that if a country has a nationa recognition, we need to be a flexible enough organization or otherwise we won't be able to d andt these things out. >> davis. >> the prime minister has said that if we vote to leave the eu he wants to continue as prime d minister, that combination that i would fully support. and he certainly fancies himself as a negotiator. and so, given that we have a net contribution each year to the eh of 19 billion pounds, given that we have a trade deficit with thi european union of 62 billion pounds and if we were to leave f we will be the single biggest export market of the european e union, does he have the abilityh to negotiate a free trade agreement outside the eu without handing over 19 billion pounds ? year? >> prime minister. >> i have great respect for my honorable friend who i think wanted to leave the eu, whatever came out of these negotiations. but, you know, i'm sure he'll hv
make his arguments very s werfully. i think obviously you have totis look at all of the issues and i think people want to look at all of the alternatives..in would britain be better off in i customs union agreement, would we be better off in a free nd trade? with would we be better off in a sich ration like norway and iceland? i think the norway example is not a strong example because they actually contribute more per head to the eu than we do t and they have to take all of the legislation passed in brussels. but this will be an important part of the debate to come. in >> mr. david winnick. criti >> prime minister so far in the exchanges he doesn't seem to have persuaded any of the critics on his side over the gin virtues of his negotiations.e he may have persuaded the home secretary for reasons we understand, but apparently, none of the other critics.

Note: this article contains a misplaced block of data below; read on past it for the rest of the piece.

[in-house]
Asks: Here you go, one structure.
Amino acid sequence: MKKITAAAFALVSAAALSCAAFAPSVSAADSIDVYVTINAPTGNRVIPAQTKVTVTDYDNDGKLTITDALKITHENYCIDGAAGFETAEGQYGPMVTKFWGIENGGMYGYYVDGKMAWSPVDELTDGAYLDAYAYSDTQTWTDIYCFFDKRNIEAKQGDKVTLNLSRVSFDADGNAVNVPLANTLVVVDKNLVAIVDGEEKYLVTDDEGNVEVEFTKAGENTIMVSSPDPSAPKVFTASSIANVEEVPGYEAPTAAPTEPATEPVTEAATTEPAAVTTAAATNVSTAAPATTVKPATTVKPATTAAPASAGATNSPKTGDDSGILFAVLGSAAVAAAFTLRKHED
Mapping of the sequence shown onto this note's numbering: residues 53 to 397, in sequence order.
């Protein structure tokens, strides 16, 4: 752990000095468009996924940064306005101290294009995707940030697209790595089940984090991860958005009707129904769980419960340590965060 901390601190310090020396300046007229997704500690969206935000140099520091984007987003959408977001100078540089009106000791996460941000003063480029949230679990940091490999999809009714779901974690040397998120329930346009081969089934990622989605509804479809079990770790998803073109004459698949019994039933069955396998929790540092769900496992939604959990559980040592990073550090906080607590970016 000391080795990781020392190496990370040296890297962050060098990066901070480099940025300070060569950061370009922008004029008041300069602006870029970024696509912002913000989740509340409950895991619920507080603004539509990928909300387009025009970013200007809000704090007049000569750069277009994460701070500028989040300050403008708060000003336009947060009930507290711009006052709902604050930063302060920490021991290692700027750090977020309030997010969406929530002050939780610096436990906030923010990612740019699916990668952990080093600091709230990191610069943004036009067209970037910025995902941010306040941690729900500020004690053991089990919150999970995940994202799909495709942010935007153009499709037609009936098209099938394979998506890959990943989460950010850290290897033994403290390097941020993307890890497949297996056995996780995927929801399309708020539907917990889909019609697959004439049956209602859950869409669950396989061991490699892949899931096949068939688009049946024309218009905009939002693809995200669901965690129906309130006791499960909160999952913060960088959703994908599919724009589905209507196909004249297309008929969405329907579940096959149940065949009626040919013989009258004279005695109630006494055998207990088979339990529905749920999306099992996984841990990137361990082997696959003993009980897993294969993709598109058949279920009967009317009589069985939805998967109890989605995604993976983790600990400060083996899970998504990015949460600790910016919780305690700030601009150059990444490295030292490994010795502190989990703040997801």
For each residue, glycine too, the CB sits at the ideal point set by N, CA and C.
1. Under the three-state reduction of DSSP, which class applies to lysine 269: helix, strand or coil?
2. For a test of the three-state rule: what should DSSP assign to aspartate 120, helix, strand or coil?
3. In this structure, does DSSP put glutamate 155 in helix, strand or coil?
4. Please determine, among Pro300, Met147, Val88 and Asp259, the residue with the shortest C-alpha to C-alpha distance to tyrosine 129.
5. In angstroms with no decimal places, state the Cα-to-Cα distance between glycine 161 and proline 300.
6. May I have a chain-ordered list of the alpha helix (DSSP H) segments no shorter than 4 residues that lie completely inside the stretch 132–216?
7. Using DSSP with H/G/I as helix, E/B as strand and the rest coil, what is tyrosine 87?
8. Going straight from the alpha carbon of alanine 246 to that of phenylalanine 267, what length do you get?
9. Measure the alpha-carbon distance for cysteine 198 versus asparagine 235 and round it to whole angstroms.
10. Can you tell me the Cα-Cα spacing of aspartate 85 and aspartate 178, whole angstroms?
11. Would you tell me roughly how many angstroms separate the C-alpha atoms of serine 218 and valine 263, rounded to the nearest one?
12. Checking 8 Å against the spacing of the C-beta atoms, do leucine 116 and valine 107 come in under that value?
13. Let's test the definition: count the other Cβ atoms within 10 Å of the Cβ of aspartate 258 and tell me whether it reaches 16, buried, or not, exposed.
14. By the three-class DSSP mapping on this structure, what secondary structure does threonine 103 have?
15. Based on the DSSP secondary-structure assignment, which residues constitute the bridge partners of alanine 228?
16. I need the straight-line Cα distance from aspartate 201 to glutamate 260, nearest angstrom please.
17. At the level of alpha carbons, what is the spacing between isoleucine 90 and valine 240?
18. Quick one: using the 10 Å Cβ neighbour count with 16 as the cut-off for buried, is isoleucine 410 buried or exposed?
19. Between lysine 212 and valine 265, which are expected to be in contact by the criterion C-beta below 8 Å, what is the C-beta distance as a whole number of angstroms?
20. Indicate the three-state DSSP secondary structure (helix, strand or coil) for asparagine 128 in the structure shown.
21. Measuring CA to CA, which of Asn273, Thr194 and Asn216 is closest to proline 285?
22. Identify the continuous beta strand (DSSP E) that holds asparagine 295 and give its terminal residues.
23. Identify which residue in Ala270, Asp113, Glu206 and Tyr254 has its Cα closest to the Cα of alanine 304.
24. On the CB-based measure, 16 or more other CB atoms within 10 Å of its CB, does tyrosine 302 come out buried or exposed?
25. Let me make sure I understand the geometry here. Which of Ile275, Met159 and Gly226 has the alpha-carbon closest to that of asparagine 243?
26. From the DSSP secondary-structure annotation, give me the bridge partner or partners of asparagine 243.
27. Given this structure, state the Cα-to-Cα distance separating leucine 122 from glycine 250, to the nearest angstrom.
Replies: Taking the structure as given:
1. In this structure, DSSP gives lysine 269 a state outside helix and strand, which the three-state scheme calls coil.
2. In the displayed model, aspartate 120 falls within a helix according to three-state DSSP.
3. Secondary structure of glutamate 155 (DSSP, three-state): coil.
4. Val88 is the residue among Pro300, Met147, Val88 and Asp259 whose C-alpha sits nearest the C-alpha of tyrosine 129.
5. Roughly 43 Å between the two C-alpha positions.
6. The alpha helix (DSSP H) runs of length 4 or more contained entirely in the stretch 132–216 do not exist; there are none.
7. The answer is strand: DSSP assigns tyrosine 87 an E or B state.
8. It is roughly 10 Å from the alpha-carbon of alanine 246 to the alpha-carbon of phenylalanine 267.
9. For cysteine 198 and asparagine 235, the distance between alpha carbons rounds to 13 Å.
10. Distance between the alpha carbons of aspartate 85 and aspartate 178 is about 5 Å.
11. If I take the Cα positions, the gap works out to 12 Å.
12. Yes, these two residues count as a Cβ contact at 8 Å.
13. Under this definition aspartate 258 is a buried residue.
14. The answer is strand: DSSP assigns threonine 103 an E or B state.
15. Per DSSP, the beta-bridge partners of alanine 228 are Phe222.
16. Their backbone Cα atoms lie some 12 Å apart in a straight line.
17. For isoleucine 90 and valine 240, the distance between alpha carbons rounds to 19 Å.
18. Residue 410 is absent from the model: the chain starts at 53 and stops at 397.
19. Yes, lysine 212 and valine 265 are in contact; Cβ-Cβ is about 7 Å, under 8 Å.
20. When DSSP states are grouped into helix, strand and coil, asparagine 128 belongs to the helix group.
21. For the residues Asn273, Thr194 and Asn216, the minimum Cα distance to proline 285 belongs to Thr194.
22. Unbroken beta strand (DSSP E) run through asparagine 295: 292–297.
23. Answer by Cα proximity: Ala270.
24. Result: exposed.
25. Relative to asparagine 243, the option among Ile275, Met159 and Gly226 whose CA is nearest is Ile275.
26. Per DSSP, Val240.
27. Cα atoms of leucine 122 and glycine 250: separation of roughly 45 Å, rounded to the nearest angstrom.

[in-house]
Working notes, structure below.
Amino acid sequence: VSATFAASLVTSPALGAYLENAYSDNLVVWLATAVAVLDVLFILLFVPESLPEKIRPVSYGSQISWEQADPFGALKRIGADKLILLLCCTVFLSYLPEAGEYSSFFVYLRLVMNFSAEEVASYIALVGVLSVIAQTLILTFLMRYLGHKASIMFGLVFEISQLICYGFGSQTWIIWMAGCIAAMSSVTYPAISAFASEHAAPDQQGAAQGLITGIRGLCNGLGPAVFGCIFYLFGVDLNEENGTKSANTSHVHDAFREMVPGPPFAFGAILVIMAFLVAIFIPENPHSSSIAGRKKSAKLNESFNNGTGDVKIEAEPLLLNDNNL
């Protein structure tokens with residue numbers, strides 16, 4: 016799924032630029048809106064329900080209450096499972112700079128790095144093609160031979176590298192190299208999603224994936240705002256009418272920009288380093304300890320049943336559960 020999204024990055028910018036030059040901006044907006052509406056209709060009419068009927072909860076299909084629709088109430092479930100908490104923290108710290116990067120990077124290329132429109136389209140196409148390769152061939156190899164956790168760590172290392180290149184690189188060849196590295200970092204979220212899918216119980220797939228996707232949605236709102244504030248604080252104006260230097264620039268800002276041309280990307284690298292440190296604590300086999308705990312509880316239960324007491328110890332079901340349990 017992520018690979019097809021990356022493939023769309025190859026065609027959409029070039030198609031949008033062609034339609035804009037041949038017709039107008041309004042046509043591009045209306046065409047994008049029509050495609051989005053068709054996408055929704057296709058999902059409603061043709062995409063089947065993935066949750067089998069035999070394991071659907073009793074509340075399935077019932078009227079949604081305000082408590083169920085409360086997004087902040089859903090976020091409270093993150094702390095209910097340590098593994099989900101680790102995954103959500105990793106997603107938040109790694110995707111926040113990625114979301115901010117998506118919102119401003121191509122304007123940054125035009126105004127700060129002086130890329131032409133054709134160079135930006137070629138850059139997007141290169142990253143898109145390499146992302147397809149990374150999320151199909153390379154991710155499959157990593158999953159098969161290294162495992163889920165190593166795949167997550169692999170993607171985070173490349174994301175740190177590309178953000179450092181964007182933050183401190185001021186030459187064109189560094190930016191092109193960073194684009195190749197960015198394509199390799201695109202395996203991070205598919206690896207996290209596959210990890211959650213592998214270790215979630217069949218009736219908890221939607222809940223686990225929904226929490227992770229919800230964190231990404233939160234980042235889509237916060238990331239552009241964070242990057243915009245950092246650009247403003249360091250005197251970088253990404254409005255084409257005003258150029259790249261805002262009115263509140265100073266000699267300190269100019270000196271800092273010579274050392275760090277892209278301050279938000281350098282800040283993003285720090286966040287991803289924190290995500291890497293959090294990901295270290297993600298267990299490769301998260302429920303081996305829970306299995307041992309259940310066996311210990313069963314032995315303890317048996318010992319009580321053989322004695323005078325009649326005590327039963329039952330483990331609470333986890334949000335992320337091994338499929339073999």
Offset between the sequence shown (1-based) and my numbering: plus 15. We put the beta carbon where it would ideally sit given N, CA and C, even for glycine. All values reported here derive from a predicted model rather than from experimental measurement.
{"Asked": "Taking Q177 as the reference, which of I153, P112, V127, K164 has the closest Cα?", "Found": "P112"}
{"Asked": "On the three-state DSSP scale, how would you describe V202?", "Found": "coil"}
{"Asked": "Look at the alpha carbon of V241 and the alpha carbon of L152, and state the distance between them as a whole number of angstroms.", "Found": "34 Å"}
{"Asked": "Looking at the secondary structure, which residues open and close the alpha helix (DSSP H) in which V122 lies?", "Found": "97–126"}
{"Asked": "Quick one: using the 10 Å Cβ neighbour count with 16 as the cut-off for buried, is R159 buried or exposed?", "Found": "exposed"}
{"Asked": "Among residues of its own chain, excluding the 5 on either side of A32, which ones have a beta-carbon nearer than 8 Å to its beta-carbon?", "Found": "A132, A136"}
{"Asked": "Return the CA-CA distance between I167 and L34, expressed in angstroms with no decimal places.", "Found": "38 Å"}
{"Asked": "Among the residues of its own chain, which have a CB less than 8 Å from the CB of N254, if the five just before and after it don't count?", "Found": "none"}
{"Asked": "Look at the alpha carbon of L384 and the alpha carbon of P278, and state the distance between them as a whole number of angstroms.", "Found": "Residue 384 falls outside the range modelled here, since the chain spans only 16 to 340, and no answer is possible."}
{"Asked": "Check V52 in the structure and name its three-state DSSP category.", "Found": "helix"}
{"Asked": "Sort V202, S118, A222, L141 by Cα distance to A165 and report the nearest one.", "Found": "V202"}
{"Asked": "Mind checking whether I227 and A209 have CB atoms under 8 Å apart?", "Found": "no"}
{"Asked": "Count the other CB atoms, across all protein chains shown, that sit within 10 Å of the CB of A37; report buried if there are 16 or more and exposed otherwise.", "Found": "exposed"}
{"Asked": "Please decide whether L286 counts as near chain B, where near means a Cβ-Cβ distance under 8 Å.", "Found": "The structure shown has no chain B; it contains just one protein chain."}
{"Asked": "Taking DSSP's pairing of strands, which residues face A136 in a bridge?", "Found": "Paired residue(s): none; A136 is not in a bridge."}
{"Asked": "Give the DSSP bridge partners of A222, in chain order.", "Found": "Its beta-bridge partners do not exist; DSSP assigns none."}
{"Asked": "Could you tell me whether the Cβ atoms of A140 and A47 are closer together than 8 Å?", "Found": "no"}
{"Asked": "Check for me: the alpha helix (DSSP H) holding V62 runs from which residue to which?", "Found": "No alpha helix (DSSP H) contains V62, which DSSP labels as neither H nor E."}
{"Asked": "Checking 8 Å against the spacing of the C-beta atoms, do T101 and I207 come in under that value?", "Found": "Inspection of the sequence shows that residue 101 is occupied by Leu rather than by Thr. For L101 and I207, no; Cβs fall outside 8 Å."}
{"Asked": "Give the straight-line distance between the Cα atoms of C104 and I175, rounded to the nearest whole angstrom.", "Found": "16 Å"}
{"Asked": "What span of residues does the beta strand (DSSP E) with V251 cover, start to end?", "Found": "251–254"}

>> prime minister. >> maybe he can help me out. i don't know. very you know?issue fo look.n th this is a very important issue o for our country but in the end . it's not going to be decided in this chamber.wn all of us are going to have to reach our own conclusions.nd th. the only thing i would say is if you passionately believe in your heart that britain is better off outside the eu, then you k. should vote that way. if you think -- even it's off balance, go with what you think. don't take a view because of, ty you know, what your constituentr association might say or you're worried about a boundary review or you think it might be advantageous this way or that way. do what's in your heart. if you think it's right for britain, then do that. >> sir edward lee. ne >> since no one else has done it so far after nearly an hour, eo